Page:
Japan will dispatch a whaling fleet to the Antarctic after a one year suspension, defying international criticism and a UN legal ruling that the "research" expedition is a commercial hunt in disguise.
"The research ships will depart for new whale research in the Antarctic on December 1, 2015," the Fisheries Agency said on Monday (local time) in a statement on its website.
Tokyo has for years come under intense global pressure to stop hunts that opponents decry as inhumane but that Japan says are an inherent part of its traditional culture.
The United Nations' top legal body judged last year that Japan's so-called scientific whaling activity in the Southern Ocean was a disguise for commercial hunts.
The agency's statement said the "research period" for the mission would be from late December to early March.
The fleet will include a "mother ship" and three other vessels with a total of 160 crew members taking part, it added.
Japan had earlier flagged that it planned to resume the hunts, though details of the exact timing were unclear.
That alone, however, drew intense criticism.
"We do not accept in any way, shape or form the concept of killing whales for so-called 'scientific research'," Australian Environment Minister Greg Hunt said in comments posted on his website before the announcement.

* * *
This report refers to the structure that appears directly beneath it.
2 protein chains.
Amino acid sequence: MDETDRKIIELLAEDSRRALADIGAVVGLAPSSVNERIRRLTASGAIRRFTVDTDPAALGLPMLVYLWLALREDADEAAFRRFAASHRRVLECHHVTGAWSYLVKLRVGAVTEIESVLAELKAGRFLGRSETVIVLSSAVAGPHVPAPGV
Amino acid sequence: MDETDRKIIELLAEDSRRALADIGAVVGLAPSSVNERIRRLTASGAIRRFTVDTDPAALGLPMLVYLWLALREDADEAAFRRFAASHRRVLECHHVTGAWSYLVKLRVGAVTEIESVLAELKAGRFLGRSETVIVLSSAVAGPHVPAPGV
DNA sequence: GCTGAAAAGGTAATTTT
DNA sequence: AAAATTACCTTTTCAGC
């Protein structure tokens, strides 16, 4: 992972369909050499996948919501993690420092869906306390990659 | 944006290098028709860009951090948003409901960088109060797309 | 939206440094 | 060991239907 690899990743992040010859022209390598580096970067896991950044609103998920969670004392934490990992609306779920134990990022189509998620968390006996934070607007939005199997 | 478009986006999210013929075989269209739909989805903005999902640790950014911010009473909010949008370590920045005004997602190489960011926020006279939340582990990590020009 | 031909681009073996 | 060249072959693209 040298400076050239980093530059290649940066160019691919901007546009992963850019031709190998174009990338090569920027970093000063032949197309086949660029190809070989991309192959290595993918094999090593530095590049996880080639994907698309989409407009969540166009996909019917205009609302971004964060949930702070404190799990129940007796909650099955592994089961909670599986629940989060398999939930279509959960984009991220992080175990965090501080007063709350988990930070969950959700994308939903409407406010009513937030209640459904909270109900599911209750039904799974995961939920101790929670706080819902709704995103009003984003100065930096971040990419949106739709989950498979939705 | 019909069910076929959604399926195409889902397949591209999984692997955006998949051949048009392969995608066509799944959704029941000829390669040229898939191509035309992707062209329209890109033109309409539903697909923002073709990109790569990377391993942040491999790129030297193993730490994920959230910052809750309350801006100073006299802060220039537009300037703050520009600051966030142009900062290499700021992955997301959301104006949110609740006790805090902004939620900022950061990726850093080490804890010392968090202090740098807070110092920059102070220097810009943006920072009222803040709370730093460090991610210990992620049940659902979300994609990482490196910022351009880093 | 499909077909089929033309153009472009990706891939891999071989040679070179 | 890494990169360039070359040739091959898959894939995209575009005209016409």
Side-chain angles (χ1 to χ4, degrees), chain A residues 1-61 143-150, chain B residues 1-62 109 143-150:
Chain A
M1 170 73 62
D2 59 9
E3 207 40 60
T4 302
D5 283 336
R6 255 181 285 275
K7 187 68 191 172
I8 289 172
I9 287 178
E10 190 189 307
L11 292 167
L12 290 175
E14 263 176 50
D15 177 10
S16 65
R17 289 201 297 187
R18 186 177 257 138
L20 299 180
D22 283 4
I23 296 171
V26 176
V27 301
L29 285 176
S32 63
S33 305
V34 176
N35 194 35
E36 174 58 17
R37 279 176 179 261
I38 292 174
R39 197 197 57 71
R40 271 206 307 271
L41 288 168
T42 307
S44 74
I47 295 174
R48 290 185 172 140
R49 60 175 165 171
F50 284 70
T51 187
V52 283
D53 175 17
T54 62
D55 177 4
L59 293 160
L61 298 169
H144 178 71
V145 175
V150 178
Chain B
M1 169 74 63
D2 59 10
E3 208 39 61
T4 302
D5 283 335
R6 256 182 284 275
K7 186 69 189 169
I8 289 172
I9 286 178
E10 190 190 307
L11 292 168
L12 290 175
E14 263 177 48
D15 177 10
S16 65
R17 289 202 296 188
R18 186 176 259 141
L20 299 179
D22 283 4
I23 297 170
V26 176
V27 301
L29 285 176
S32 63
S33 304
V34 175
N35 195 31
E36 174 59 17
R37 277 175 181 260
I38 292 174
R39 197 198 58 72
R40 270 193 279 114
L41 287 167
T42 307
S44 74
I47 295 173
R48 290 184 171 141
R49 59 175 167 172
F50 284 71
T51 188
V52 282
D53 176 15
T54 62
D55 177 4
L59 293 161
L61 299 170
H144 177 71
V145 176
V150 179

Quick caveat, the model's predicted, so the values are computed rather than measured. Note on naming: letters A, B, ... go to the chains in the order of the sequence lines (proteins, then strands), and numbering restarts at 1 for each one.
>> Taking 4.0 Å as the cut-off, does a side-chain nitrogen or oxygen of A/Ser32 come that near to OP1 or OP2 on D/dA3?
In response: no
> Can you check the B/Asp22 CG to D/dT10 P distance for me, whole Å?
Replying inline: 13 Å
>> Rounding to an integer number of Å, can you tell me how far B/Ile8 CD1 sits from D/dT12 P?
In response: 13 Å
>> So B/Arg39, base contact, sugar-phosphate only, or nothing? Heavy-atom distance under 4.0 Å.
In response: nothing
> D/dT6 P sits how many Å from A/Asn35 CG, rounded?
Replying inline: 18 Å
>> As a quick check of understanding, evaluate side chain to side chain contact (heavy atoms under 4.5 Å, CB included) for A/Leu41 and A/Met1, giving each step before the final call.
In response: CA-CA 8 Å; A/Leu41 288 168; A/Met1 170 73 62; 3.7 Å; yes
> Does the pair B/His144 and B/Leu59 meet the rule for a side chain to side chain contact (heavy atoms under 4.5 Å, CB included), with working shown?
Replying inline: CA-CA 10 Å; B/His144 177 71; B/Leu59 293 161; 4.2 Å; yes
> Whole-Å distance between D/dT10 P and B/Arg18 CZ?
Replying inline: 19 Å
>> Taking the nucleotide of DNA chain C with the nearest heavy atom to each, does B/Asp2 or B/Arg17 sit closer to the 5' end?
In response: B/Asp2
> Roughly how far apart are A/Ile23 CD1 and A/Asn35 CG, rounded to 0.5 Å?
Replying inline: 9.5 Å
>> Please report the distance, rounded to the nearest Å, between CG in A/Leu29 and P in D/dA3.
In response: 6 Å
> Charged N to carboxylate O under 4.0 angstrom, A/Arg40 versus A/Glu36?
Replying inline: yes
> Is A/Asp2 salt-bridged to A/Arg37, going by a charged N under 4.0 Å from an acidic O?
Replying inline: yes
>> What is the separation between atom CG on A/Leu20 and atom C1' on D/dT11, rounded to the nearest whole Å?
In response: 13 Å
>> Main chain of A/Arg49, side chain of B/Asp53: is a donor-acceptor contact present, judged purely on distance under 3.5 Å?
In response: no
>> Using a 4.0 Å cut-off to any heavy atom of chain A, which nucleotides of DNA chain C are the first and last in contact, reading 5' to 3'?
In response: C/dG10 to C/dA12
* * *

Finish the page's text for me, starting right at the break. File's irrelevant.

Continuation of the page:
"There is no need to kill whales in the name of research.
"Non-lethal research techniques are the most effective and efficient method of studying all cetaceans."
Environmental activist group Sea Shepherd warned Japan on Sunday against resuming whale hunts in the Antarctic and called on the Australian government to intervene.
Japan accuses opponents of being emotional about whales and disregarding what it says is evidence to support its position.
Despite the international disapproval, Japan has hunted whales under an exemption in the global whaling moratorium that allows for lethal research.
It makes no secret of the fact that meat from the mammals – despite being killed ostensibly for research – is processed into food, and says the whale population in any case is big enough to allow sustainable whaling.
However, the highest court of the United Nations, the International Court of Justice, ruled in March 2014 that the annual Southern Ocean expedition was a commercial hunt masquerading as science to skirt the international moratorium.
Respecting the judgment, Japan sent whaling ships to the ocean last season but they returned with no catch.